The Campbell River School District (SD72) will not pretend to consider closing any of the district’s rural schools just to get the additional funding from the government that it takes to properly operate those facilities.
And so, at this week’s public meeting, the board of education voted not to apply for the next intake of the province’s Rural Education Enhancement Fund (REEF). The provincial government recently announced they would again be accepting intake applications for REEF funding – which they implemented last year as a way to help districts keep rural schools open – but the SD72 board says the application criteria to receive the funding is too restrictive and applying for the funds would require toying with the public’s emotions and playing political games.
Secretary-Treasurer Kevin Patrick told the board Tuesday night that Surge Narrows, Quadra, Cortes and Sayward Elementary would all qualify for additional funding from the government should they apply, but there is no telling how much funding they would receive and the board would have to meet one more requirement put forth in the application criteria – that those facilities be under consideration for closure.
“To suggest that, so that we can get some more money, we would have a conversation with a community (about potential school closures) when actually our intent is not to close those schools, is morally corrupt, in my mind,” said Trustee Darryl Hagen.
Trustee Joyce McMann agreed.
“I think we could play the game and say that we’re considering closing the schools for whatever money we’re hoping to gain out of it, but the pain and disruption it would cause and the dishonesty involved in that, I just can’t support.”
Trustee Richard Franklin added this grant application requirement and approval criteria is yet another another example of how flawed the government’s funding model is.
“It does cost more per pupil to run isolated and rural schools, and the government knows that, but our district, though our 10-Year Facility Plan, made a commitment to keep those schools open for the benefit of those students,” Franklin said. “It’s ironic that the district that has the foresight to make a 10-year plan is now shut out from additional funding from the province. What should be happening here is that the province should know that it costs more to run these rural schools, so the funding for those schools should be commensurably more. It’s unfortunate that we can’t access those funds due to our own foresight, efficiency and effectiveness.”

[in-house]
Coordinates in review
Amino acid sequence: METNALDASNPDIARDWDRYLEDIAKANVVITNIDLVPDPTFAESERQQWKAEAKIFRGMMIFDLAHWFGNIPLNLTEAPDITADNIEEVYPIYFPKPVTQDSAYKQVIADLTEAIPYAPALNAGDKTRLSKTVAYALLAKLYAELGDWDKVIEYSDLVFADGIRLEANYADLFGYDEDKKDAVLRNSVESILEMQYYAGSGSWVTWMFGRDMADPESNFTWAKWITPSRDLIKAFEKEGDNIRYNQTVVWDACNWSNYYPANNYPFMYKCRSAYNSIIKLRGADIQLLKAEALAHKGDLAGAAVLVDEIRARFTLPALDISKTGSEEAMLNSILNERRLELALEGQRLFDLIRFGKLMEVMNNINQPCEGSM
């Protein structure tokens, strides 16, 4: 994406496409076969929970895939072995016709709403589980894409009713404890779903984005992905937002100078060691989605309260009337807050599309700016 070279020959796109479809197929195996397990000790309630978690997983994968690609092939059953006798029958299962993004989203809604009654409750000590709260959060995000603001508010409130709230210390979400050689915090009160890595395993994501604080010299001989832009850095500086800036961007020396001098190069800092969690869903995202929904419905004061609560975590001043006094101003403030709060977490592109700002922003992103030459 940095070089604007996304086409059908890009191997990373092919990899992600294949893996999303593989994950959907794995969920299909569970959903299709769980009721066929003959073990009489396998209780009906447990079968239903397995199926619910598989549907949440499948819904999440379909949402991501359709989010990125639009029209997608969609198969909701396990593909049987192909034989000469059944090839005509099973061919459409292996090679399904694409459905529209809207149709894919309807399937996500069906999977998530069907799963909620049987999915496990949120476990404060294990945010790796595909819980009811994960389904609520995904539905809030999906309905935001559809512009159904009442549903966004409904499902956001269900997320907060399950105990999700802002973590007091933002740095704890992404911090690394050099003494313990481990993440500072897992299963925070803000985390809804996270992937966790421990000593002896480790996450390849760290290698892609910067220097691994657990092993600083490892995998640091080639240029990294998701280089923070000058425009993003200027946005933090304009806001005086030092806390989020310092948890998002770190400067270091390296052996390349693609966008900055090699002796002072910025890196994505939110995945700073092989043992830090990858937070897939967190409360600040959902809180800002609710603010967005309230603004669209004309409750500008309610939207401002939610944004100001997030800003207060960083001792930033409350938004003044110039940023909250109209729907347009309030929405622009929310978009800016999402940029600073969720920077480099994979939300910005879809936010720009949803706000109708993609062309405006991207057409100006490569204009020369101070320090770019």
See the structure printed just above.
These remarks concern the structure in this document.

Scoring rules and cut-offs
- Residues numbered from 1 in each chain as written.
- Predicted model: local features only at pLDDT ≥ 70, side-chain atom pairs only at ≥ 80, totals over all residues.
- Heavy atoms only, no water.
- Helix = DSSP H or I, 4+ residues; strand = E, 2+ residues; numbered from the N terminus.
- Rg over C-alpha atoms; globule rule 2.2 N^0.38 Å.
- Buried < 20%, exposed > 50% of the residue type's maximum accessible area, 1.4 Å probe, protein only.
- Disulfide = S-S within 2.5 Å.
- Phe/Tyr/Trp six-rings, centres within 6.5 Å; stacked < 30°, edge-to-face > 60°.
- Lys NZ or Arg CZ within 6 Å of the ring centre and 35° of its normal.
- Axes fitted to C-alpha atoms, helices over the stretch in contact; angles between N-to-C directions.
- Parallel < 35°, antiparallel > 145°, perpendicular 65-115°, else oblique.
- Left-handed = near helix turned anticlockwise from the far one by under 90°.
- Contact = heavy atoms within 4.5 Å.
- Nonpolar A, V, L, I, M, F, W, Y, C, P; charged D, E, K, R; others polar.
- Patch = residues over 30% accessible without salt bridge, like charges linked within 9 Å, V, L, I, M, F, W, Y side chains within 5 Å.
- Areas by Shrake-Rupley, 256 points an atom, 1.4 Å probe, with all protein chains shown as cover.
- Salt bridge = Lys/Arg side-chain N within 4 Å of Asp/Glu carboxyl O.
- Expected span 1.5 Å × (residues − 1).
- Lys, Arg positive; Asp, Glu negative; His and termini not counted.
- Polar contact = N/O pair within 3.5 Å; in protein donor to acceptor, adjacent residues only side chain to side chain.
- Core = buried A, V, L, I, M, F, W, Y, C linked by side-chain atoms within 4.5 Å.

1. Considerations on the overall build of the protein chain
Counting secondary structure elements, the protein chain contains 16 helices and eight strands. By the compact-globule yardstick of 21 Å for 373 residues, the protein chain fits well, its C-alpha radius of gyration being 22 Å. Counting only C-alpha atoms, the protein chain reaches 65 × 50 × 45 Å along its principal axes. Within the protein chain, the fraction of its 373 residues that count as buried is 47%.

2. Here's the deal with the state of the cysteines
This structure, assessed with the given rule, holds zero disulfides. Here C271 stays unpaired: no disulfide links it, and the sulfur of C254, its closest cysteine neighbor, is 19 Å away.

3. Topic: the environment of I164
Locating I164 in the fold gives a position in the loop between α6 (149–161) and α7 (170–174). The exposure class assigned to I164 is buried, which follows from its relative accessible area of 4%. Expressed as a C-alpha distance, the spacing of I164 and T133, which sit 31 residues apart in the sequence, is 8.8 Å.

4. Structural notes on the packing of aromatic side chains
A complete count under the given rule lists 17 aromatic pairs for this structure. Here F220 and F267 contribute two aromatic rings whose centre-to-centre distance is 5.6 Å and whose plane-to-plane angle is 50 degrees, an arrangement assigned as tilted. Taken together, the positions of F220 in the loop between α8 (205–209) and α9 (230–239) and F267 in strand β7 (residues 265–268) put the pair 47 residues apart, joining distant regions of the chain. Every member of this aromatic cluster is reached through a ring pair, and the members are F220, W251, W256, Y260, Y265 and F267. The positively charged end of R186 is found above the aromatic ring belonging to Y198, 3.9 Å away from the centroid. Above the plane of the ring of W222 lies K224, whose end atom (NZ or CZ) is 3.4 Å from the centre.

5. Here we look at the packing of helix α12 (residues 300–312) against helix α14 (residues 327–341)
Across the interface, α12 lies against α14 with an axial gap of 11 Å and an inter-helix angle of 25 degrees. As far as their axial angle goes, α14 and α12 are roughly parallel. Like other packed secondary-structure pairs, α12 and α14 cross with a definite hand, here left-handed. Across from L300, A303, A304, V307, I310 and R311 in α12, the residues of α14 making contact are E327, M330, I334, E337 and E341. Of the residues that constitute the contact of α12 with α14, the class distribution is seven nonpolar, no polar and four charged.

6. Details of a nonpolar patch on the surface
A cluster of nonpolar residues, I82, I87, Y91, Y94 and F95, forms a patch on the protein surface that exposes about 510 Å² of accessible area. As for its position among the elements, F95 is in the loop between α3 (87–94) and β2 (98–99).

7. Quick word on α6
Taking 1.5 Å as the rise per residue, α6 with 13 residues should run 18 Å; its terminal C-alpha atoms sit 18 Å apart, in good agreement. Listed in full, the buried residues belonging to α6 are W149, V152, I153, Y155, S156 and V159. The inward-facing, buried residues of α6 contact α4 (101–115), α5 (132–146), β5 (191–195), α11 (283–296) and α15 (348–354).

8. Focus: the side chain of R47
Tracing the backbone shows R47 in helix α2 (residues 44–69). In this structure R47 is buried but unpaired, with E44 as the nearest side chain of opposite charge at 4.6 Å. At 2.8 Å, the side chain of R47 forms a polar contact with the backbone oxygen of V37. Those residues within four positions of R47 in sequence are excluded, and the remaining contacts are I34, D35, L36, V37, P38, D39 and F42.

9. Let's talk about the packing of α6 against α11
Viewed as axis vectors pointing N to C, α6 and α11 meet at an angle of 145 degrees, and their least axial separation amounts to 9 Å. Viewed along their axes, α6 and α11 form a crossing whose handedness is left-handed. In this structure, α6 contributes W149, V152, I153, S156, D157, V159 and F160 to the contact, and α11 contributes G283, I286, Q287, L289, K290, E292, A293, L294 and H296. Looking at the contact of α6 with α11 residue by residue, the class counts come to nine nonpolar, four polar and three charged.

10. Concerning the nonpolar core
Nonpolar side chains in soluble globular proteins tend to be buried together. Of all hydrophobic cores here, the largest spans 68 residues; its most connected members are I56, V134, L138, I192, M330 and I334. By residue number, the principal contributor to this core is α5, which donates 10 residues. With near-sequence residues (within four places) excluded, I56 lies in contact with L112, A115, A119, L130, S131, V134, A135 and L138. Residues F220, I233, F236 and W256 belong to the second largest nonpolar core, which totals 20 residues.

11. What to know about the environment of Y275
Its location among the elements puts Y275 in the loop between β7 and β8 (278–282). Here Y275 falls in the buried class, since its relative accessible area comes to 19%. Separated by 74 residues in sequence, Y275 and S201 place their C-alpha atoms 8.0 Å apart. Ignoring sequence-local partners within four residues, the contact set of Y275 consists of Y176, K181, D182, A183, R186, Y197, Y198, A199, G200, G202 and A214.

Trustee John Kerr, meanwhile, took that argument one step further, saying he thinks the government put that particular criteria in place for the funding in order to limit the number of districts who would qualify for the funding.
“That condition about the school being at risk for being closed … boxes us out from being to access any of that funding, because I don’t think any of us around this table would be prepared to be dishonest enough to go to a community and tell them we’re considering closing their school just to get our 30 pieces of silver,” Kerr said. “These terms of reference seem very deliberately set to make sure that the minimum number of districts can apply. I mean, we would have justification to apply for four schools to get this funding had that condition that it be considered for closure not been included.”
The motion to not apply for REEF funding passed unanimously, with Kerr adding, “I think it’s unfortunate that whatever money is being made available isn’t available to us, but I guess we’ll have to just move on from it.”